But health authorities initially struggled to respond to the virus when it began popping up in May—despite all the practice they’ve had with COVID-19. Early on, doctors could only test for monkeypox under a narrow set of circumstances—evidence of exposure, high risk, and so on—because labs could only handle about 6,000 tests per week. HHS didn’t announce until late June that testing would expand beyond the CDC’s lab network to commercial labs, increasing capacity. 

And by June 10, the government had distributed only a few thousand vaccine doses. New York City’s vaccine signup website glitched and slots were booked up within minutes as people competed for limited doses. San Francisco, Colorado, NYC, and Washington, D.C., all limited people to one dose of the two-shot vaccine to stretch their supply. 

Plus, in a bid to avoid stigmatizing the disease—which is primarily, though not solely, sexually transmitted—public health officials have at times muddled the message that men who have sex with men are at substantially higher risk than the general population, potentially creating confusion over who should take precautions or prioritize getting vaccinated. While monkeypox can spread through non-sexual contact—holding a child, for instance, or touching dirty linens—98 percent of global cases discovered thus far have been among that population of men. WHO head Tedros Adhanom Ghebreyesus said Wednesday that men at risk should consider limiting sexual partners for now, discussing risk, and exchanging contact information for possible contact tracing.

Epidemiologists and advocates say the authorities’ sluggish responses have cost valuable time to contain the outbreak and prevent suffering—about 10 percent of cases have been admitted to the hospital to manage painful lesions. “Speed is so important and the slower the response, the longer it’s going to take to put the genie back in the bottle,” Dr. Isaac Bogoch—clinical epidemiologist and infectious disease expert at the University of Toronto—told The Dispatch. “A more rapid vaccine program … would have been really helpful in curbing this faster. Now it’s going to rumble along for a long, long time.”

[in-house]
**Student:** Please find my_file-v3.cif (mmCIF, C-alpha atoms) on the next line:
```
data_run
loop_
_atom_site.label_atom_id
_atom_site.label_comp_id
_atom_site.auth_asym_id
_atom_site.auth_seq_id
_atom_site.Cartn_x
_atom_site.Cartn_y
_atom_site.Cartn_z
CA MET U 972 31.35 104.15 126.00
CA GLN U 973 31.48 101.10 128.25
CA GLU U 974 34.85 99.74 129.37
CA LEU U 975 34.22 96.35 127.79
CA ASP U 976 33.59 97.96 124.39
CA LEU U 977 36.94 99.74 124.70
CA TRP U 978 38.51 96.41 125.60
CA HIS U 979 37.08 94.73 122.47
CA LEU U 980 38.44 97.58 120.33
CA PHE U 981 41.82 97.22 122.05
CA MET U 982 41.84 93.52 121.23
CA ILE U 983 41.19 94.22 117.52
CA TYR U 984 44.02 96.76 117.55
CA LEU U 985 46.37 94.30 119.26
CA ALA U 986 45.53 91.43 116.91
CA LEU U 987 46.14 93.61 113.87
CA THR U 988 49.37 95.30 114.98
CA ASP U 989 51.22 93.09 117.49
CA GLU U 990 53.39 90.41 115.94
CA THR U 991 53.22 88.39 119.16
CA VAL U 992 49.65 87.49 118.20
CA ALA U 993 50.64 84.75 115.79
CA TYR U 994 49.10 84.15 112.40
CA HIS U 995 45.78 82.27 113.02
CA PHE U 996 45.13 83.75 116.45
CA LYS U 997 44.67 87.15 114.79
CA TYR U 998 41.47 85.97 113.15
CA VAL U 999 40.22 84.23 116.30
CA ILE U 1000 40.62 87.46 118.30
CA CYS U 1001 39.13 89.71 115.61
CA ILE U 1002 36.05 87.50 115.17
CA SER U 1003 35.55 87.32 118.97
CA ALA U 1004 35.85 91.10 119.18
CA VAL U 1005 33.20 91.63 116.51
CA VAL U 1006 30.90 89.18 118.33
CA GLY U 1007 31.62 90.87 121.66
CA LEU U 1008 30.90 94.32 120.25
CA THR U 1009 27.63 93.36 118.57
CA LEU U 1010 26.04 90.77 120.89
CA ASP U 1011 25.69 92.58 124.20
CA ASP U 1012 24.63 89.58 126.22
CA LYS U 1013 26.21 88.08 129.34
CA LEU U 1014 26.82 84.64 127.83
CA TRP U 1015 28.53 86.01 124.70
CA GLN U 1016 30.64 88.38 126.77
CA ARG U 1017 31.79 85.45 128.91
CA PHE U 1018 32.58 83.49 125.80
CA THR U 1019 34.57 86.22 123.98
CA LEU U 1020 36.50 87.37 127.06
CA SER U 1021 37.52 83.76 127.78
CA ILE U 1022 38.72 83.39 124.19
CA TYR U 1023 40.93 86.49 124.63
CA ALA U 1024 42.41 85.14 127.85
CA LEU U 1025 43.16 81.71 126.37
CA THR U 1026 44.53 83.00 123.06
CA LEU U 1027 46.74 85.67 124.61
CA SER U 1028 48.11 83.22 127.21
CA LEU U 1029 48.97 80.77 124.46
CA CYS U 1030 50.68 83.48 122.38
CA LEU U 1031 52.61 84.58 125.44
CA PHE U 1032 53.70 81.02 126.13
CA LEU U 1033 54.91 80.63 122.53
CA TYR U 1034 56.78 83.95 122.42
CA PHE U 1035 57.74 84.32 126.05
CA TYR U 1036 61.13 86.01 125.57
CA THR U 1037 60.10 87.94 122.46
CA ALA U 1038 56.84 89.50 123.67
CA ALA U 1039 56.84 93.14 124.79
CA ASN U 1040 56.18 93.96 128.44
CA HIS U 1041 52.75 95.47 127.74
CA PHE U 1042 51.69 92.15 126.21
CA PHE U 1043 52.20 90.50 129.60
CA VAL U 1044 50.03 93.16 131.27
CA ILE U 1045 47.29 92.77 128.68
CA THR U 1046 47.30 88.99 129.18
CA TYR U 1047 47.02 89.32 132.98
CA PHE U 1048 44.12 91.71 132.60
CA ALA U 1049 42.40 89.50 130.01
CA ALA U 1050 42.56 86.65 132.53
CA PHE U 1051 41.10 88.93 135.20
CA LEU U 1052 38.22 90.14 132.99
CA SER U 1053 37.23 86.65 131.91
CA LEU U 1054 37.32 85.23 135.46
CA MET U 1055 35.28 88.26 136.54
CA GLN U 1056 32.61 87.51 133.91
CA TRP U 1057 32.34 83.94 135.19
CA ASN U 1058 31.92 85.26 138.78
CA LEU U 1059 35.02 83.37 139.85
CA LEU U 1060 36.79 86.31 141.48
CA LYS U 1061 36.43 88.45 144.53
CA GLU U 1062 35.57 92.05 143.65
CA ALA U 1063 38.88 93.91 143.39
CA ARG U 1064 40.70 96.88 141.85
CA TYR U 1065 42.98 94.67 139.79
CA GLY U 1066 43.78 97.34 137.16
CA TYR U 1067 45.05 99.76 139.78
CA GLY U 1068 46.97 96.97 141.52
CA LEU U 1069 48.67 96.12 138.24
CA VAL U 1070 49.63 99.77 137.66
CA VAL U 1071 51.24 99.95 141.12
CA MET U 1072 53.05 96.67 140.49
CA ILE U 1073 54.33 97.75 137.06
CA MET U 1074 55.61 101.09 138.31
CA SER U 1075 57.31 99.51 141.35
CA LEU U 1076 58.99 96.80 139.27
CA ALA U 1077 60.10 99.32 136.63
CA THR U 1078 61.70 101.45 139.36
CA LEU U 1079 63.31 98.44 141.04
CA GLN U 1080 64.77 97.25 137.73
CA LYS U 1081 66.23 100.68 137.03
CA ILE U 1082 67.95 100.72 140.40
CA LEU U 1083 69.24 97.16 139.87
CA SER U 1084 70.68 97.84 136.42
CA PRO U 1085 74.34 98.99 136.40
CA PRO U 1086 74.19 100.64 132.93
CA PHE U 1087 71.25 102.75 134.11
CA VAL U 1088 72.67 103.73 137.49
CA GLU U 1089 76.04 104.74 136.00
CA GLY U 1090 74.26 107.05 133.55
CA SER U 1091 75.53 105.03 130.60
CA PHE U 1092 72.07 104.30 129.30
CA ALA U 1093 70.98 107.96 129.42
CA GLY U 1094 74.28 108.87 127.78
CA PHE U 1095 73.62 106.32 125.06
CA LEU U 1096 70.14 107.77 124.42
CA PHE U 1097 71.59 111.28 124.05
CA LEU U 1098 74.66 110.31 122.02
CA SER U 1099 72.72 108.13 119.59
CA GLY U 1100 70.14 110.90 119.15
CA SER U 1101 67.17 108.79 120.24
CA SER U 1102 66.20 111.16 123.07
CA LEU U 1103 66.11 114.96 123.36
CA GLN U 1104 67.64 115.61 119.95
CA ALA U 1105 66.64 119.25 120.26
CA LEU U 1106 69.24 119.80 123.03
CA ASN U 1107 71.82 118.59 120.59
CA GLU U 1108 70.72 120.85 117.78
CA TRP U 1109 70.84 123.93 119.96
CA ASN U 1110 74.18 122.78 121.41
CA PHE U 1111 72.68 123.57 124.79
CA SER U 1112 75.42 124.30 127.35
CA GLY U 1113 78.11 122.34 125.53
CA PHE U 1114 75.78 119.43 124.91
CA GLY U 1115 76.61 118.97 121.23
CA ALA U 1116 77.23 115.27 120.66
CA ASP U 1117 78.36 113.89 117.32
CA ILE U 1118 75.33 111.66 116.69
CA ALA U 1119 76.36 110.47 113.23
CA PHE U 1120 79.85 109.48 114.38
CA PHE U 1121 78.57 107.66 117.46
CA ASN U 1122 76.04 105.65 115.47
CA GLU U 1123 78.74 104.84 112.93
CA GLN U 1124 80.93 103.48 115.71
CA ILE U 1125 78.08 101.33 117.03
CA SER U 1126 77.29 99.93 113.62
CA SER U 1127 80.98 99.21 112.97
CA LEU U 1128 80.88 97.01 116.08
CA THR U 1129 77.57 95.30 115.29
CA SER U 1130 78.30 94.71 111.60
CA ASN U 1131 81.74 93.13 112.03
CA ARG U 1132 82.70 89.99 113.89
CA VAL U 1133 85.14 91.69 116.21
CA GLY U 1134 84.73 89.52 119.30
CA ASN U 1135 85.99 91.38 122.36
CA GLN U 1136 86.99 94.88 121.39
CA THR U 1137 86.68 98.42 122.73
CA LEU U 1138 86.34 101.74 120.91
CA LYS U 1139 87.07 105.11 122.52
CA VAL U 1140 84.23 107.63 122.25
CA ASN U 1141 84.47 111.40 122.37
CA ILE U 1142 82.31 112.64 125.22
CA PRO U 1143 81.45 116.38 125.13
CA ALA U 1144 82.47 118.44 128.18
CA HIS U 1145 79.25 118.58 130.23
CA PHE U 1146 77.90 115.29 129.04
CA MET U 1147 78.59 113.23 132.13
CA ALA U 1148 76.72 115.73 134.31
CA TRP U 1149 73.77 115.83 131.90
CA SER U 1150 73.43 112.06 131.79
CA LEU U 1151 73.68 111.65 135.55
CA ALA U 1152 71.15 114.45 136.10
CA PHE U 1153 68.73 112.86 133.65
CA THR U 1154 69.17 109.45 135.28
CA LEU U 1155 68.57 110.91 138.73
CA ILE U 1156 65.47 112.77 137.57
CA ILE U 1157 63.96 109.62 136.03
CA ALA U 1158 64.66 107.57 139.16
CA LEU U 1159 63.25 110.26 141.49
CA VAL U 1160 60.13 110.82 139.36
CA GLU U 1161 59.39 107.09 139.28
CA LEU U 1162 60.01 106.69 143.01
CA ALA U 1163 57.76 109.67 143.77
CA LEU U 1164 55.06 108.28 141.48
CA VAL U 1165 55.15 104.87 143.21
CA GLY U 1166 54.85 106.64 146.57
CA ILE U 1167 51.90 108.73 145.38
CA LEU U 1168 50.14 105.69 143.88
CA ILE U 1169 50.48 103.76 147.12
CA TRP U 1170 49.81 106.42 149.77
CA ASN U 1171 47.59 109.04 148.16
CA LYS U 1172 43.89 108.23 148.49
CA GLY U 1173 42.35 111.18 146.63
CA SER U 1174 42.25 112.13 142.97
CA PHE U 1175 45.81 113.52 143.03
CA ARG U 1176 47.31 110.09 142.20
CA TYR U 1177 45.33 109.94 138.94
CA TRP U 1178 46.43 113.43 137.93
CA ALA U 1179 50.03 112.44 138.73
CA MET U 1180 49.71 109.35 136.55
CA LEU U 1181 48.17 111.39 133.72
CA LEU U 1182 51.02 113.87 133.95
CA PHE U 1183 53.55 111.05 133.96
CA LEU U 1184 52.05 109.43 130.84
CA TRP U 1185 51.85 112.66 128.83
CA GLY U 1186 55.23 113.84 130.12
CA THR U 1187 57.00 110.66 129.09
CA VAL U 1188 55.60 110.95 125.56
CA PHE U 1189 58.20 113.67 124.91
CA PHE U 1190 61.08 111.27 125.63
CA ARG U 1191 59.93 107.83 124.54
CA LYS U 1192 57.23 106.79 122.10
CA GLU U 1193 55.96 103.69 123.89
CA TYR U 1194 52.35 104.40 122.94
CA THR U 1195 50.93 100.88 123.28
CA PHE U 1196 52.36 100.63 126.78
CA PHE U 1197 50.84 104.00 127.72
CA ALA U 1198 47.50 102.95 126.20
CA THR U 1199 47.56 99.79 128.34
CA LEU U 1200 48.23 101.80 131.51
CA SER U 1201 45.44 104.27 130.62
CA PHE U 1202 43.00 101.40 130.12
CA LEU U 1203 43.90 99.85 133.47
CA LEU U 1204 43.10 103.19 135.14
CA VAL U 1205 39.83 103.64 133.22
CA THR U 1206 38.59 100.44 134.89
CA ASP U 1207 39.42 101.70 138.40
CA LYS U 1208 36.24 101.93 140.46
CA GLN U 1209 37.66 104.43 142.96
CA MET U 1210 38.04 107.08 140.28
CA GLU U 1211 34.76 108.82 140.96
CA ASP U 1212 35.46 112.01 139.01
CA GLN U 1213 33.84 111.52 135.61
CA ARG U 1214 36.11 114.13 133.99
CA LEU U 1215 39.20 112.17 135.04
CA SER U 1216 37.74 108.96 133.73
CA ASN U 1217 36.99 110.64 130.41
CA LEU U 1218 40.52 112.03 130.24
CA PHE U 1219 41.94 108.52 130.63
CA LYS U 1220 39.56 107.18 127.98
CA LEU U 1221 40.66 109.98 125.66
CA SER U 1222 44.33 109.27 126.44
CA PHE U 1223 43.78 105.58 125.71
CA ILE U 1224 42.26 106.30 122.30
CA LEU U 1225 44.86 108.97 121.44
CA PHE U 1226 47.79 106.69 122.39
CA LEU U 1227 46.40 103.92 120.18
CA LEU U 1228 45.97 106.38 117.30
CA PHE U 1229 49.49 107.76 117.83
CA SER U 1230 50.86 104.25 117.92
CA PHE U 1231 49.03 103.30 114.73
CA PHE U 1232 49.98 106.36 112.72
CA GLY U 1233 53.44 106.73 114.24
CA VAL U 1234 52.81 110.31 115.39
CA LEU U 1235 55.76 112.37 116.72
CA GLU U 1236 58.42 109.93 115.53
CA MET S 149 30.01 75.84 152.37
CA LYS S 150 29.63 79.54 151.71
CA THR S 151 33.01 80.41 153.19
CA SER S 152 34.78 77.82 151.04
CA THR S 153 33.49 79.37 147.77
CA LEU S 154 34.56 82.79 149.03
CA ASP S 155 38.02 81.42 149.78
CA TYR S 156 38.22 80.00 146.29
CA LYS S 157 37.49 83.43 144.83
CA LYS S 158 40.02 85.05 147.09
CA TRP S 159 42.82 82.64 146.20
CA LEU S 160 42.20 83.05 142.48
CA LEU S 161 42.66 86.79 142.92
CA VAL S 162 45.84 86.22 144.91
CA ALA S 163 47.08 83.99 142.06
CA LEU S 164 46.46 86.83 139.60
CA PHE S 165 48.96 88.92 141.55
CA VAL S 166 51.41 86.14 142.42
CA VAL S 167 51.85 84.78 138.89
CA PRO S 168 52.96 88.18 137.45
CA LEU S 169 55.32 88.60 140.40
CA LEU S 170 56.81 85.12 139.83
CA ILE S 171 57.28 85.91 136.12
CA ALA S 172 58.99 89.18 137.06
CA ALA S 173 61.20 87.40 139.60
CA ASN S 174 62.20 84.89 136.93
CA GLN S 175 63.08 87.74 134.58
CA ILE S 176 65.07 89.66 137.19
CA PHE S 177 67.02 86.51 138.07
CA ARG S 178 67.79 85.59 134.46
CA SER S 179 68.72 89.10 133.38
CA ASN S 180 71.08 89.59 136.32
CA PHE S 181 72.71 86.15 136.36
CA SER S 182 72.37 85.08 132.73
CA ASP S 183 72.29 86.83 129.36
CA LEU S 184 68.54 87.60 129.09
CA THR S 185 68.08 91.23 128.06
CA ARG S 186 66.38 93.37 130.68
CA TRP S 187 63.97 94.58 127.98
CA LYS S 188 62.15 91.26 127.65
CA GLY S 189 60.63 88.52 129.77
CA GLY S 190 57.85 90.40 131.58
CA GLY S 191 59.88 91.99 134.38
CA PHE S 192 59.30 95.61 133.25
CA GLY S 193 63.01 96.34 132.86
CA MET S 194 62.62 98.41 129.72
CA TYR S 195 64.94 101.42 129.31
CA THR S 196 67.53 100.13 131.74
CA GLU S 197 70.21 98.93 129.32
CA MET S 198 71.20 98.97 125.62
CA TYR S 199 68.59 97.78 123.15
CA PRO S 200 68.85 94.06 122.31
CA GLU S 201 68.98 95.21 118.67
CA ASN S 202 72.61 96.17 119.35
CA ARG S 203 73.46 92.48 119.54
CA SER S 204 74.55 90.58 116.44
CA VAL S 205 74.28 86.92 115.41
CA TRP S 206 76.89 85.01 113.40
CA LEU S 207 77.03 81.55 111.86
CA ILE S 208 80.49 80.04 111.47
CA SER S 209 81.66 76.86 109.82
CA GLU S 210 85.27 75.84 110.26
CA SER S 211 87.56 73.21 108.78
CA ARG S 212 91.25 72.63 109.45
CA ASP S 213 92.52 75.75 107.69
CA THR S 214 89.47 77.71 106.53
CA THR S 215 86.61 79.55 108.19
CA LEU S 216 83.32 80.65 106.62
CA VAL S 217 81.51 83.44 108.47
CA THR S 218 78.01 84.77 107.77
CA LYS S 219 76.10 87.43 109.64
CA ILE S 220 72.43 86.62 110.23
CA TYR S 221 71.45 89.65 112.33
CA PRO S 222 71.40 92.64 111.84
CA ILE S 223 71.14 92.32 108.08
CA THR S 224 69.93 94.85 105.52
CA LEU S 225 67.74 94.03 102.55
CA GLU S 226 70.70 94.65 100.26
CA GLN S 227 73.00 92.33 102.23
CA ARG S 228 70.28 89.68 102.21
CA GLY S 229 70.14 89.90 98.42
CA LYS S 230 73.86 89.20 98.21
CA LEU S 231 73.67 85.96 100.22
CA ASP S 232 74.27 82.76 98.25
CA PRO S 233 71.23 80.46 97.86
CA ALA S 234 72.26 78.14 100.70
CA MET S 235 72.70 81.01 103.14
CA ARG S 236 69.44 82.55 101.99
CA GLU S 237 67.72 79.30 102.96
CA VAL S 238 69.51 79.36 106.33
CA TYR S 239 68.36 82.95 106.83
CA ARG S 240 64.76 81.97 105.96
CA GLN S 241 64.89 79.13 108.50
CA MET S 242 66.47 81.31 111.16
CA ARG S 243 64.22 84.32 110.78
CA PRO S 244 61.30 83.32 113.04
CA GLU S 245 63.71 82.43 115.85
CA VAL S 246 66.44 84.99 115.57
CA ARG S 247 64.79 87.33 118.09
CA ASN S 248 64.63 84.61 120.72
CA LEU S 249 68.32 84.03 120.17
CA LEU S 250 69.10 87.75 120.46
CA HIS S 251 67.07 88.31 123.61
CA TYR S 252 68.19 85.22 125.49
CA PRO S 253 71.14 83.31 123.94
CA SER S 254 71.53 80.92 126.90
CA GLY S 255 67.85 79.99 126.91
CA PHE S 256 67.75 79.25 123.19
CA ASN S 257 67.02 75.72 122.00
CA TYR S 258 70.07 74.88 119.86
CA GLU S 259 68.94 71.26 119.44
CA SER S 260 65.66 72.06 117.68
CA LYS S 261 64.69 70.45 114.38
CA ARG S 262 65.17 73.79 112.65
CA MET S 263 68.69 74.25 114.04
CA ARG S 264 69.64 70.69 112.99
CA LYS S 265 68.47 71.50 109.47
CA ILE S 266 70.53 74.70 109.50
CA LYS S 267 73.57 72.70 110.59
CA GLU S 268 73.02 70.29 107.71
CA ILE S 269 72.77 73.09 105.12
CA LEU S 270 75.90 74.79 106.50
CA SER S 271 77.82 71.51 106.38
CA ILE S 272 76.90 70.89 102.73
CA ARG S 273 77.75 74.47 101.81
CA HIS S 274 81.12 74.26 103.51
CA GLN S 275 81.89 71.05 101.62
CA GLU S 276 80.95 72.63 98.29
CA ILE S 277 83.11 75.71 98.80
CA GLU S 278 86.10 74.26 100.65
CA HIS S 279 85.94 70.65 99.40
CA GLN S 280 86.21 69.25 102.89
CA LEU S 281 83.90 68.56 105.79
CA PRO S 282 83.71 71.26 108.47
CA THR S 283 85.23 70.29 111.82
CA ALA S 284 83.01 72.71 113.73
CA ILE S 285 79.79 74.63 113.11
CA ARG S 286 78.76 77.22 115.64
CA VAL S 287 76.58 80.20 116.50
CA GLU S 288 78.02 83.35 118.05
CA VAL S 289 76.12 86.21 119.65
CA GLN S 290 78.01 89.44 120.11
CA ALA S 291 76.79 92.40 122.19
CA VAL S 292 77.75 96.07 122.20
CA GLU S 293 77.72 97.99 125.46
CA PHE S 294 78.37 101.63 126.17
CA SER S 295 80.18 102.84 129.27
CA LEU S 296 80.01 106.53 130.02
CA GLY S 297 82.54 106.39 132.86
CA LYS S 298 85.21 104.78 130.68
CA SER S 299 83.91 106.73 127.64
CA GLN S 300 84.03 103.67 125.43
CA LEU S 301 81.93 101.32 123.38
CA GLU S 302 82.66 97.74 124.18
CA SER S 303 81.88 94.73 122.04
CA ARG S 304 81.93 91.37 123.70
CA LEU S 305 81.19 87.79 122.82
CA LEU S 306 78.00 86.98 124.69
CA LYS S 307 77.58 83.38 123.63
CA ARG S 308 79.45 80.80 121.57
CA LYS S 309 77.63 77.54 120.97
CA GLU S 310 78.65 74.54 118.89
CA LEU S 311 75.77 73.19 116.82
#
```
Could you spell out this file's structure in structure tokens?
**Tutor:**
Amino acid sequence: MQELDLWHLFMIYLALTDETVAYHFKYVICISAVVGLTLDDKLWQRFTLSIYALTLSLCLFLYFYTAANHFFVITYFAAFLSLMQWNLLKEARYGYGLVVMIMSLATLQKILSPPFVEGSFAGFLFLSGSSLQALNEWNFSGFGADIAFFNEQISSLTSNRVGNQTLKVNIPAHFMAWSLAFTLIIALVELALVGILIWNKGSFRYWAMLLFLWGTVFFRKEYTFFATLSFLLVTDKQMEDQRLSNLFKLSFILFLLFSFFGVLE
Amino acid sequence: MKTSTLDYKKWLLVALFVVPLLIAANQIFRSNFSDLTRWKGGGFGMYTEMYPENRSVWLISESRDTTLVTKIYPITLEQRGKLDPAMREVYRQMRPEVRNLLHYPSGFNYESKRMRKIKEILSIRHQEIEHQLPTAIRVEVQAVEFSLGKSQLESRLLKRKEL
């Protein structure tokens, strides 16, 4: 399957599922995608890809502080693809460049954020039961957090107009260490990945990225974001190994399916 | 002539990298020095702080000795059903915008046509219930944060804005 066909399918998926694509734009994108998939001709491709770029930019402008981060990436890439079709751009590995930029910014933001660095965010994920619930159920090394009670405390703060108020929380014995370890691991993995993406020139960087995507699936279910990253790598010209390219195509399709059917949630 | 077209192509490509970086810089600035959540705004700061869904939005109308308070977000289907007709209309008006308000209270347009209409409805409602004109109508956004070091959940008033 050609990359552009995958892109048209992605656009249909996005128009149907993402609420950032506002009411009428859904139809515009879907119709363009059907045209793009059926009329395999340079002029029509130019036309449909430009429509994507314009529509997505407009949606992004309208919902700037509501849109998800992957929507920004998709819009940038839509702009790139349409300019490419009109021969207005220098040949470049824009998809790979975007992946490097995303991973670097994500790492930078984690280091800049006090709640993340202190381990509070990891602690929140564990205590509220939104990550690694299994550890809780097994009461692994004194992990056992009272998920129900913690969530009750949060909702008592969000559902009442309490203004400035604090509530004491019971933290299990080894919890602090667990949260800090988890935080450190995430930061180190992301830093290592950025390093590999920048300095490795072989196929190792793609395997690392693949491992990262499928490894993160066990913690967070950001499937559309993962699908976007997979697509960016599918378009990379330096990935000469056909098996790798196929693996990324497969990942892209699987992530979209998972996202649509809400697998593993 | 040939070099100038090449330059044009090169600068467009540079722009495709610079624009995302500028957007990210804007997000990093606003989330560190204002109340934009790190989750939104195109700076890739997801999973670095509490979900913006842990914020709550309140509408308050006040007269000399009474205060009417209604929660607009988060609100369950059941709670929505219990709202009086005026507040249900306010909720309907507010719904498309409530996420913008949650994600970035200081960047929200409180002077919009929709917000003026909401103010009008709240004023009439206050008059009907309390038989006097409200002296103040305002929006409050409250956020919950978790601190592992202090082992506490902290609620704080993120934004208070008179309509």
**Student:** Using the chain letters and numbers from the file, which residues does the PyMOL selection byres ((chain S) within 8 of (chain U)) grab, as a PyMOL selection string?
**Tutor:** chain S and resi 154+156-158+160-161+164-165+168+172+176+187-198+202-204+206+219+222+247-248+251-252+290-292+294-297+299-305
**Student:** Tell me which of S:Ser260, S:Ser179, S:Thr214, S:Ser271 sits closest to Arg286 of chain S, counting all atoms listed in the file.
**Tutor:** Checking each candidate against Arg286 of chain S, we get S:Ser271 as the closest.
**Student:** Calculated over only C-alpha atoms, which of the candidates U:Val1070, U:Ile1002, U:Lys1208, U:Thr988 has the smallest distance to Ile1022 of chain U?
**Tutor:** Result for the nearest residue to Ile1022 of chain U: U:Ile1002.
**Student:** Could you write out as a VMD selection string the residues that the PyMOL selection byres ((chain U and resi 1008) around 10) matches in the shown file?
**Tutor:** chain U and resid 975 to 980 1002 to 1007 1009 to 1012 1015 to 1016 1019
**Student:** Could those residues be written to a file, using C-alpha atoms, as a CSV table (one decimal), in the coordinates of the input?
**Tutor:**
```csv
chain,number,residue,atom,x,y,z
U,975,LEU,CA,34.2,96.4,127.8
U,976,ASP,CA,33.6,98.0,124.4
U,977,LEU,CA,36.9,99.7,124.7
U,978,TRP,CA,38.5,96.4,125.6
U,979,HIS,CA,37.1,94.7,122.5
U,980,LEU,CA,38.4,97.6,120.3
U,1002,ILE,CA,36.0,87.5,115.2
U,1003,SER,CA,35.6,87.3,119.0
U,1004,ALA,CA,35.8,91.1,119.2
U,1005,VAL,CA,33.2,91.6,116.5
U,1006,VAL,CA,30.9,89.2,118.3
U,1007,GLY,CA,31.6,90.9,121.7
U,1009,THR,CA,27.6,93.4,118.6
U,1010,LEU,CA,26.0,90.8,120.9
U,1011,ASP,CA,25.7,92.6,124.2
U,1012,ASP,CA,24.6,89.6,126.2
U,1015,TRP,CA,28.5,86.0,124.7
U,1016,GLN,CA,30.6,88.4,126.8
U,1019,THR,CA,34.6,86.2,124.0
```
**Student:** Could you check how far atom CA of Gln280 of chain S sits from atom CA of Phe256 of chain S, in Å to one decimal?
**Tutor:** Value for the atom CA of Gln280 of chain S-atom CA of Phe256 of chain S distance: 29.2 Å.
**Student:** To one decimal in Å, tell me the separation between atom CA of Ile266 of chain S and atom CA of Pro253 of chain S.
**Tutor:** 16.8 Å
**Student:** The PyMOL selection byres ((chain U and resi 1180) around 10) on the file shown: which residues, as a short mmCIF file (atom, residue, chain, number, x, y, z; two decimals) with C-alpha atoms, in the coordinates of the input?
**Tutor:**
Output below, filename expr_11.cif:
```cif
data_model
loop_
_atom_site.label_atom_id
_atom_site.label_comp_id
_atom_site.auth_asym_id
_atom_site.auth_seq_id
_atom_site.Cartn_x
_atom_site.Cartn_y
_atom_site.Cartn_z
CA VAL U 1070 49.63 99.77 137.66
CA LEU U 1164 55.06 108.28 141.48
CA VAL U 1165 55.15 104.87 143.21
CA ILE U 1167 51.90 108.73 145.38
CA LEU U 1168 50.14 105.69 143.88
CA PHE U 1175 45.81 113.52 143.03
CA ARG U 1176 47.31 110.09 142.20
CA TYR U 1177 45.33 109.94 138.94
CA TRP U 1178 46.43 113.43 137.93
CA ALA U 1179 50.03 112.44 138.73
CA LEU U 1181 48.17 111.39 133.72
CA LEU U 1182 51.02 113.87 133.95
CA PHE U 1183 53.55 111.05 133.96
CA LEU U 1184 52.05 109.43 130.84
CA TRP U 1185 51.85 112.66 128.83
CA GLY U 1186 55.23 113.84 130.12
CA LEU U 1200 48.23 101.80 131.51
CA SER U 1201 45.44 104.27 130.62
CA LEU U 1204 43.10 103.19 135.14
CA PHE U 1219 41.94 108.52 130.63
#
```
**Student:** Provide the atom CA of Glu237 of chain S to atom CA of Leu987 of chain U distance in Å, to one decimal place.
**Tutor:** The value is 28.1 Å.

Dr. Monica Gandhi—an infectious disease specialist at the University of California San Francisco—agreed. “I’m underwhelmed and disappointed by the U.S. response so far,” she told The Dispatch. “I was hoping we would have higher rates of vaccination and vaccine supply by this point in the outbreak.” Instead, Gandhi said, men are still lining up for doses and being turned away. 

Both argued the U.S. still has time to prevent monkeypox from becoming endemic by pursuing aggressive vaccination, strong outreach to and collaboration with affected groups, and practical support for people isolating while contagious—a period of about four weeks. But the clock is ticking. 

“If we have allowed monkeypox to become an endemic virus in the U.S.—which is becoming an increasingly possible outcome,” former FDA head Dr. Scott Gottlieb wrote Sunday, “it will be among the most unfortunate public health failures in recent times.”

Worth Your Time

  • We wrote to you on Tuesday about the extreme energy crunch Europe finds itself in heading into the winter, but as Atlantic Council fellow James Kirchick points out, it didn’t have to be this way. “The European energy dilemma is the result of three interrelated illusions: that dependence on Russian gas was worth whatever (minor) risks it entailed, that the supplier of that gas was a partner rather than an adversary, and that conventional war on the continent was a thing of the past,” he writes in the Washington Post. “For years, German politicians routinely deflected criticism of Nord Stream by stating that their hands were tied. The pipeline was a ‘commercial project,’ they insisted, over which the German government exercised no control. But increasing European dependence on Russian gas at the expense of other sources has always entailed a political dimension, especially in Germany. No one forced Berlin to shutter its nuclear energy sector in a fit of characteristically German panic in the aftermath of the 2011 Fukushima disaster. Unlike the island nation of Japan, Germany sits in the middle of a continent, safe from the earthquake-induced tsunamis of the sort that destroyed the Fukushima plant. Thanks to then-Chancellor Angela Merkel’s hasty decision to phase out nuclear energy by the end of 2022 by the time Putin decided to wage energy war against Europe, Germany was even more addicted to Russian gas.”